Campaigners vow to fight ‘indefensible’ Fire Safety Bill


Campaigners vow to fight ‘indefensible’ Fire Safety Bill, which leaves leaseholders liable to bills of up to £150,000 each for repairs

  • Hit out at the ‘indefensible’ Fire Safety Bill which causes bills of up to £150,000 
  • Follows a parliamentary battle over who should pay to fix fire-trap flats  
  • Bill means leaseholders are still legally liable for cost of unsafe cladding 

Campaigners have vowed to fight on after MPs failed to protect leaseholders from the crippling costs of the cladding scandal.

They hit out at the ‘indefensible’ Fire Safety Bill, which leaves leaseholders liable to bills of up to £150,000 each for repairs.

It follows a parliamentary battle over who should pay to fix fire-trap flats following the Grenfell disaster. Boris Johnson faced a major backlash over the bill.

But after several defeats in the Lords and two Tory rebellions in the Commons, it became law yesterday. 

They hit out at the ‘indefensible’ Fire Safety Bill, which leaves leaseholders liable to bills of up to £150,000 each for repairs

The bill means leaseholders are still legally liable for the cost of fixing unsafe cladding and other fire safety defects.

Campaign group End Our Cladding Scandal said: ‘Yet again government has voted to punish leaseholders – also known as ‘taxpayers’ and ‘voters’ – for regulatory failings and dodgy developers who they allowed to prioritise profits over safety. 

‘We have the right to be angry. But the fight isn’t over yet.’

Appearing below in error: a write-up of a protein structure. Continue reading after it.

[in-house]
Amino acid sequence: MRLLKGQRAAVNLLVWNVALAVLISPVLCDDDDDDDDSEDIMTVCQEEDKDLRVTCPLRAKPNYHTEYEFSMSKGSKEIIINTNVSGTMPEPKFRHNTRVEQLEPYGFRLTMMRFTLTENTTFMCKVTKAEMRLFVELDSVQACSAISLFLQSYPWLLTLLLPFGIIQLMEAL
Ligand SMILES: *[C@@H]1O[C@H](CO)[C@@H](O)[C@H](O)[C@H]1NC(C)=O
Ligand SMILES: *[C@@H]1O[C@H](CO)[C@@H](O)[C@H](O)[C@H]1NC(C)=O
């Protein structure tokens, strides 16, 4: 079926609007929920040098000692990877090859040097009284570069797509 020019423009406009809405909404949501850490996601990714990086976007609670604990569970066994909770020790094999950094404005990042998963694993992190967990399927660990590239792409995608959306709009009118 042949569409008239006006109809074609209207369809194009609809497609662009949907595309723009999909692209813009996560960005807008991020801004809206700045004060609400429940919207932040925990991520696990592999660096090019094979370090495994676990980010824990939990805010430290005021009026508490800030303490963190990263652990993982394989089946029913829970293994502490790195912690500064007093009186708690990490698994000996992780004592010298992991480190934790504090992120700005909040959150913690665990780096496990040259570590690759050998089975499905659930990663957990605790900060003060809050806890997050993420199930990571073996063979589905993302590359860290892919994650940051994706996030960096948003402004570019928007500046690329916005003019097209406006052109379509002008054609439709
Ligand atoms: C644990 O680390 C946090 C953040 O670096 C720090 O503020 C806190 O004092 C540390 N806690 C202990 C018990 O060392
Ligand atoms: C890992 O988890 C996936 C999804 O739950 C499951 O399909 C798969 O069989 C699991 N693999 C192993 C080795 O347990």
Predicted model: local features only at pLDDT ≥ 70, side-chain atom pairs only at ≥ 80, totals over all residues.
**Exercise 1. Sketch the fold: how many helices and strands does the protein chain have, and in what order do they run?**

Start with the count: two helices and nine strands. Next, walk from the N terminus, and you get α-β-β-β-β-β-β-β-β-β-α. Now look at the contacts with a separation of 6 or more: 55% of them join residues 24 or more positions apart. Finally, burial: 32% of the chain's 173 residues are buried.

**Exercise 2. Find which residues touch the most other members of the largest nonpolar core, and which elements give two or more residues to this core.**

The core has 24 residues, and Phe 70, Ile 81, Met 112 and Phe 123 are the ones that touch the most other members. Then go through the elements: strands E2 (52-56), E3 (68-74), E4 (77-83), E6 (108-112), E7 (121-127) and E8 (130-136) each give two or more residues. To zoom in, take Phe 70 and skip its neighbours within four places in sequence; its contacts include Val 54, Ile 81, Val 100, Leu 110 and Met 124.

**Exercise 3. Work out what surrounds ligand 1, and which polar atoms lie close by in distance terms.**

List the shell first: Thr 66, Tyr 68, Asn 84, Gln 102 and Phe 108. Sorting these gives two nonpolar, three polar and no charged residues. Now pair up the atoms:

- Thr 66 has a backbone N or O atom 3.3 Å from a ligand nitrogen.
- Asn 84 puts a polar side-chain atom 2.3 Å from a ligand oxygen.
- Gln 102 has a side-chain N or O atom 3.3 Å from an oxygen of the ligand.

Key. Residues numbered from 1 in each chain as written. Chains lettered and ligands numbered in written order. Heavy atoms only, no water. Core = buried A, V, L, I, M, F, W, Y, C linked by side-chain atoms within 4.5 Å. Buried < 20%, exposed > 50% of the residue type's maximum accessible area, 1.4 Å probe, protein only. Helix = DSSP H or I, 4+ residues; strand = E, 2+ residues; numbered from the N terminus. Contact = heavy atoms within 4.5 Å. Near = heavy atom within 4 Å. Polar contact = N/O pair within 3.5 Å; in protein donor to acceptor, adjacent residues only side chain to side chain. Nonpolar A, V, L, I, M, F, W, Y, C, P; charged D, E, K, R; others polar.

More than a million private flats are thought to be affected by safety defects identified after the 2017 Grenfell blaze in west London, which claimed 72 lives.

It follows a parliamentary battle over who should pay to fix fire-trap flats following the Grenfell disaster. Boris Johnson faced a major backlash over the bill

It follows a parliamentary battle over who should pay to fix fire-trap flats following the Grenfell disaster. Boris Johnson faced a major backlash over the bill 

Taxpayer funding was more than trebled in February to £5.1billion. But the cash is only for those living in buildings above 60ft with unsafe cladding. 

Ministers announced a loan scheme for smaller buildings, but hundreds of thousands of leaseholders may have to borrow up to £600 a year for repairs.

Survivors’ group Grenfell United said: ‘The Government’s position on this is indefensible.’

A Government spokesman said ministers were prioritising the tallest blocks with the most dangerous cladding, but for lower-rise buildings the loan scheme would cap bills at £50 a month.

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